These Amazing Shadows
December 29, 2011
Paul Mariano & Kurt Norton
EXPLORE THE FILM
About the Documentary
What do the films Casablanca, Blazing Saddles, and West Side Story have in common? Besides being popular, they have also been deemed “culturally, historically, or aesthetically significant” by the Library of Congress and listed in The National Film Registry, a roll-call of American cinema treasures that reflects the diversity of film, and indeed, the American experience itself. The current list of 550 films includes selections from every genre — documentaries, home movies, Hollywood classics, avant-garde, newsreels, and silent films. American movies tell us so much about ourselves … not just what we did, but what we thought, what we felt, what we imagined, what we aspired to … and the lies we told ourselves.
These Amazing Shadows is a documentary rich with imagery, interweaving clips from America’s most-beloved films (and many rarer treasures) with moving personal tales of how specific films have reflected our culture and changed lives. The film includes interviews with the Librarian of Congress (Dr. James Billington), famous directors (including Christopher Nolan, John Lasseter, Rob Reiner, John Singleton, Barbara Kopple, and John Waters), producers (Gale Anne Hurd and James Schamus), archivists, admired actors (Tim Roth, Debbie Reynolds, Peter Coyote), and members of the National Film Preservation Board.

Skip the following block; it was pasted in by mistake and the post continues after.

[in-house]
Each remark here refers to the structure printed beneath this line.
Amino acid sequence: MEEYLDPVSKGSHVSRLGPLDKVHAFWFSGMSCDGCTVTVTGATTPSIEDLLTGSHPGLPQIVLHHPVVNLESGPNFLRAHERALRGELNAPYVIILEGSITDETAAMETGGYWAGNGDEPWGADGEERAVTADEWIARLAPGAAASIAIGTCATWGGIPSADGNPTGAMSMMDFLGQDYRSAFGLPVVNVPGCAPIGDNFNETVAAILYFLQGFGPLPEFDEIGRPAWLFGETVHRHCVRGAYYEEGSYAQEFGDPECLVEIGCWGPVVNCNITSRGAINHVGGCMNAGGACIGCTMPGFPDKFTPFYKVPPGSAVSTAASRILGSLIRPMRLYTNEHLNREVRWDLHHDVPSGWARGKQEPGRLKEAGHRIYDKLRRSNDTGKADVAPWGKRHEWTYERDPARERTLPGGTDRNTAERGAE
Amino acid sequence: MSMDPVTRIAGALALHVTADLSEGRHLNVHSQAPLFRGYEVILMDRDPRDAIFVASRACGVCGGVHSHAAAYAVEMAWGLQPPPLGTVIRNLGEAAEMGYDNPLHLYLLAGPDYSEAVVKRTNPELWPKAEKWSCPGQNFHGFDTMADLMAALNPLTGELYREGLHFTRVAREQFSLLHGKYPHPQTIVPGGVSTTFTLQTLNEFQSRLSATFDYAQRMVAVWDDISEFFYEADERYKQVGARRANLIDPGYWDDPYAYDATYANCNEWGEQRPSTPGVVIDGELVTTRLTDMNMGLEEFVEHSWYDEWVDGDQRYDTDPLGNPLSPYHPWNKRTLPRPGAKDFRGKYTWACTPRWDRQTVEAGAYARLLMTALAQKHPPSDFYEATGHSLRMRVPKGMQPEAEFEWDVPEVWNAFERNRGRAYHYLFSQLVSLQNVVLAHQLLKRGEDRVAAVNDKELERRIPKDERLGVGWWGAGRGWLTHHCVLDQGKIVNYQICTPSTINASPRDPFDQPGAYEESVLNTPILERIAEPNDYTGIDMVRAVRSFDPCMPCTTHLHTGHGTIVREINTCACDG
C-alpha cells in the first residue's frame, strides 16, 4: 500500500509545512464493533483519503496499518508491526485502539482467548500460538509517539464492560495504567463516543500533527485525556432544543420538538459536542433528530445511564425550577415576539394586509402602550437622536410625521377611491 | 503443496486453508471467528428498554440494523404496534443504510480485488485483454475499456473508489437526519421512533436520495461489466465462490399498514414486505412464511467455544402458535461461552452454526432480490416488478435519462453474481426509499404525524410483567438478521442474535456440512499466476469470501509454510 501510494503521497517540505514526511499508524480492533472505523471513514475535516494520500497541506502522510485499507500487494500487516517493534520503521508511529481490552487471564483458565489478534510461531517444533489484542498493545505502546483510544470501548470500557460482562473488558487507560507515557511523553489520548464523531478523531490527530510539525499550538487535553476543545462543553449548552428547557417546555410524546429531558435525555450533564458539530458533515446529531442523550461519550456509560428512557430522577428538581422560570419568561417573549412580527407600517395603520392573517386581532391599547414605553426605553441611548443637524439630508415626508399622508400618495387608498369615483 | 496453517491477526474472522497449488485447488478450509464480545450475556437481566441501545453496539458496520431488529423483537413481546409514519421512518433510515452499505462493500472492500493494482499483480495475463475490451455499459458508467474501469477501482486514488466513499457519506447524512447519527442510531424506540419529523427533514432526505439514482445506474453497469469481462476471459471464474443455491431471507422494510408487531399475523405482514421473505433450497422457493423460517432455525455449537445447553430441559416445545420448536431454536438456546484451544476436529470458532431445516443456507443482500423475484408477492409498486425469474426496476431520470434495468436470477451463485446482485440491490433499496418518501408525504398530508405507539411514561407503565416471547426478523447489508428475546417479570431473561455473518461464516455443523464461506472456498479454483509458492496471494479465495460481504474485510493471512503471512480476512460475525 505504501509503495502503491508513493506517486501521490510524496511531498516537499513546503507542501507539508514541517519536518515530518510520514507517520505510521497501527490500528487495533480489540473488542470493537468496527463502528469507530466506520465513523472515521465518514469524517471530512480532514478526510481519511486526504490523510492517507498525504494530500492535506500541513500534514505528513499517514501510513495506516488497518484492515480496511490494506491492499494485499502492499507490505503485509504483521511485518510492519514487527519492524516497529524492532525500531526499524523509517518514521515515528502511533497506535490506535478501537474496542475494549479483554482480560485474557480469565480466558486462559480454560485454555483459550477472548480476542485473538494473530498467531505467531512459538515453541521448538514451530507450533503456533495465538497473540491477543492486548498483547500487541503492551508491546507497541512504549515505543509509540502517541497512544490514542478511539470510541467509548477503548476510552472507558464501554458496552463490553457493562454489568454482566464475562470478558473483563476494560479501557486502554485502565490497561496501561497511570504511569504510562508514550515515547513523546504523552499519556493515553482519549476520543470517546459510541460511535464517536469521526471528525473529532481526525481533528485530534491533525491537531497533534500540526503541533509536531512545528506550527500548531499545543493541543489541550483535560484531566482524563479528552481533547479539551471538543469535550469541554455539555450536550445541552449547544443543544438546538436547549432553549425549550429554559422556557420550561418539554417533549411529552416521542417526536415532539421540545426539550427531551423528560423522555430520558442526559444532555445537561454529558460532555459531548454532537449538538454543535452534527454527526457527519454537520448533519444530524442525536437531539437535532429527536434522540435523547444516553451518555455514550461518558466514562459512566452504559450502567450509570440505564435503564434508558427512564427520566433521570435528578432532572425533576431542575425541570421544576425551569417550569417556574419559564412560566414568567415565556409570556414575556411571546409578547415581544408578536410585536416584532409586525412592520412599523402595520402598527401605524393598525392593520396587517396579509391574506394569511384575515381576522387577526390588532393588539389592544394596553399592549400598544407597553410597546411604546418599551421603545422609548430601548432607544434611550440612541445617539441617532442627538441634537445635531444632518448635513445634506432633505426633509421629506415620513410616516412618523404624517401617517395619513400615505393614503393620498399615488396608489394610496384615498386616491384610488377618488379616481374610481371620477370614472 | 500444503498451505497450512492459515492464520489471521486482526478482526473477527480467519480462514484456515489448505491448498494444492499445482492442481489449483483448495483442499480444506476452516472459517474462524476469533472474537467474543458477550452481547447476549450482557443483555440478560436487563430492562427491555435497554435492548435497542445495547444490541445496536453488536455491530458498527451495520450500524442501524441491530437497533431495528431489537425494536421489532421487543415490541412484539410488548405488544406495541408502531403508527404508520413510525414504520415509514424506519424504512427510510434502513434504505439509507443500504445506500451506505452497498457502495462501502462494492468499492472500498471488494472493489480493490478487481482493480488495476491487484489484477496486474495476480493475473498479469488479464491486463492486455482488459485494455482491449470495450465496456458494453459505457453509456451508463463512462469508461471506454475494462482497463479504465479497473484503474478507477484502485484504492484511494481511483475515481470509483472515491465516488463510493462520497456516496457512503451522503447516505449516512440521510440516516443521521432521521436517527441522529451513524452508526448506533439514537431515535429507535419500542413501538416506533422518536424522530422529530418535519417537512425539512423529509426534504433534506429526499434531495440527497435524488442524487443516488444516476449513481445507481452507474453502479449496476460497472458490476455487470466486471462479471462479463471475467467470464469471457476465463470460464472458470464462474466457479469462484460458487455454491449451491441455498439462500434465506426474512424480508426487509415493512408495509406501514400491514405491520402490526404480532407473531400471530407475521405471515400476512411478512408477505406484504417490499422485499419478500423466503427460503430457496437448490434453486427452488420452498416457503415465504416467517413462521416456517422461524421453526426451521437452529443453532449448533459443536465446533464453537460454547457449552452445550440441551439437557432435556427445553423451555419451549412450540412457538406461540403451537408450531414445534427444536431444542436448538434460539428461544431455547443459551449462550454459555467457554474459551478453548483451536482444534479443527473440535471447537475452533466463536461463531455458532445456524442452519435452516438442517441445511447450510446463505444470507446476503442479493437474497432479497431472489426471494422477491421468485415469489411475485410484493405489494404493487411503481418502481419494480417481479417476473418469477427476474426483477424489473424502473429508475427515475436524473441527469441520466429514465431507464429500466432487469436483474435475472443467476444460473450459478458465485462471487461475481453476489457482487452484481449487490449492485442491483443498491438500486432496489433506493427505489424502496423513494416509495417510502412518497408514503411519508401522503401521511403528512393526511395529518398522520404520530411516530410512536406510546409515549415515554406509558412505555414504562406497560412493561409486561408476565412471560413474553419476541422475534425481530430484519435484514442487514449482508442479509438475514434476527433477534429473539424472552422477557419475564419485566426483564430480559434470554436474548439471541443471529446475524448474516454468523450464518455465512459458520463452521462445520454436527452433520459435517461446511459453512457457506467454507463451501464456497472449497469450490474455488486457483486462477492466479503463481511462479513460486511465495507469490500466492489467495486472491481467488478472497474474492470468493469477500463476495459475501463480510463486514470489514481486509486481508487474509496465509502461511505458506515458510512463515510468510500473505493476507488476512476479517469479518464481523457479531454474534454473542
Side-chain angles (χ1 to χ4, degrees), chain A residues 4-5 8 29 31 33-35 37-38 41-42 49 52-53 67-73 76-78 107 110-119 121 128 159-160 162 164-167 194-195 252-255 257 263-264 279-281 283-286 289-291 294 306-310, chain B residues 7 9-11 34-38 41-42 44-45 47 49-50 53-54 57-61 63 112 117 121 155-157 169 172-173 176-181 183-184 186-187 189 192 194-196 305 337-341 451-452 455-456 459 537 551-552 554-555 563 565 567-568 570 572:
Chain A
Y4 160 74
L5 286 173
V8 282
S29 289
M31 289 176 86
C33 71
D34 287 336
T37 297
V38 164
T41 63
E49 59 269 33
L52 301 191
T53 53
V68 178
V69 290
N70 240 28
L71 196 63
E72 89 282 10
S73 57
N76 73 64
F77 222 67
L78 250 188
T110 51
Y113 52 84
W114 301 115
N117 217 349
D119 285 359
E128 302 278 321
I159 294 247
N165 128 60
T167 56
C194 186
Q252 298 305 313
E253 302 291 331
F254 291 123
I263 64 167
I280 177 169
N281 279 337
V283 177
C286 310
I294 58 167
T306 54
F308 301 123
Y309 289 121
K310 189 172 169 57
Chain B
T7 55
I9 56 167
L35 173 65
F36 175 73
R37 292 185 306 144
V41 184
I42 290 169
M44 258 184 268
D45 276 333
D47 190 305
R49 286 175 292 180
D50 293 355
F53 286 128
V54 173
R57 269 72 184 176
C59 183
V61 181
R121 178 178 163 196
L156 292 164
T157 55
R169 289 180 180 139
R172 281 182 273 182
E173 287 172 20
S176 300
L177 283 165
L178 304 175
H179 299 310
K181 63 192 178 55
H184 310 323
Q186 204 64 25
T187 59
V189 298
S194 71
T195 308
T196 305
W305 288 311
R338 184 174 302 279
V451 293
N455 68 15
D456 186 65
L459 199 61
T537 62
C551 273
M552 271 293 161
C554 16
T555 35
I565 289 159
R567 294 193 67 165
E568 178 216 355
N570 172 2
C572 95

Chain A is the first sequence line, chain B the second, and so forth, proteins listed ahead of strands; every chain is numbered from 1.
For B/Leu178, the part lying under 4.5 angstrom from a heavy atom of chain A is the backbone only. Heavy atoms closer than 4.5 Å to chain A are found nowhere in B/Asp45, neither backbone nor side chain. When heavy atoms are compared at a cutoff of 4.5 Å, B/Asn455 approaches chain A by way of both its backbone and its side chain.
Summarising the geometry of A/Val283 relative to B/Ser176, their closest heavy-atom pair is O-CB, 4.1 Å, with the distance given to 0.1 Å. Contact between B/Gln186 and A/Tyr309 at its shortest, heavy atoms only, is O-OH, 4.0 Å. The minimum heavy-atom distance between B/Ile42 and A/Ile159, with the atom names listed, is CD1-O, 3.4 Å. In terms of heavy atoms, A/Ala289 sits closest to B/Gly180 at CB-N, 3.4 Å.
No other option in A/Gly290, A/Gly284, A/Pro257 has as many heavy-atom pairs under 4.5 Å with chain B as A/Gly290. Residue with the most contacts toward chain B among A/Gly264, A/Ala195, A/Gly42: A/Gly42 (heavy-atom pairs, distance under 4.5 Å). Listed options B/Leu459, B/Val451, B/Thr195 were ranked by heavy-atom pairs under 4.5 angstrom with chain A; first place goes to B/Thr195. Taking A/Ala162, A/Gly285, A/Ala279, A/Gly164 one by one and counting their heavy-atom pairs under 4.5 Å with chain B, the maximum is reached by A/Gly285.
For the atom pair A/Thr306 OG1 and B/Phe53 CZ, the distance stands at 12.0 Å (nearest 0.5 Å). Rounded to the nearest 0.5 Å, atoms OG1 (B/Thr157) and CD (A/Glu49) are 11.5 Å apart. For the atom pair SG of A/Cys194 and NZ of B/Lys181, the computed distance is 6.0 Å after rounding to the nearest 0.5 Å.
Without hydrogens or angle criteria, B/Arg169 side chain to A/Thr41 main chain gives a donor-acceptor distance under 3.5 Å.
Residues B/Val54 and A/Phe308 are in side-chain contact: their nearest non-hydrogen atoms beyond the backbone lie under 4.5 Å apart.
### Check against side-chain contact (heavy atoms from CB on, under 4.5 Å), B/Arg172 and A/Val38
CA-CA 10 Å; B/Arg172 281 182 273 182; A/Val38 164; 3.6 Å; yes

These Amazing Shadows documents the passage of the National Film Preservation Act of 1988 and how this law set in motion a system to identify notable films. The Librarian of Congress, with input from the public and advice from the National Film Preservation Board, selects twenty-five films each year to add to the Registry. These Amazing Shadows goes behind the scenes to show the discussions, the debates and the drama that surround this selection process. As stated by James Billington, the Librarian of Congress: “American film really transformed the way in which a young nation learned to express itself, express its exuberance, expose its problems, and reflect its hopes. It wasn’t simply a form of entertainment; it was living history — audio-visual history of the 20th century.”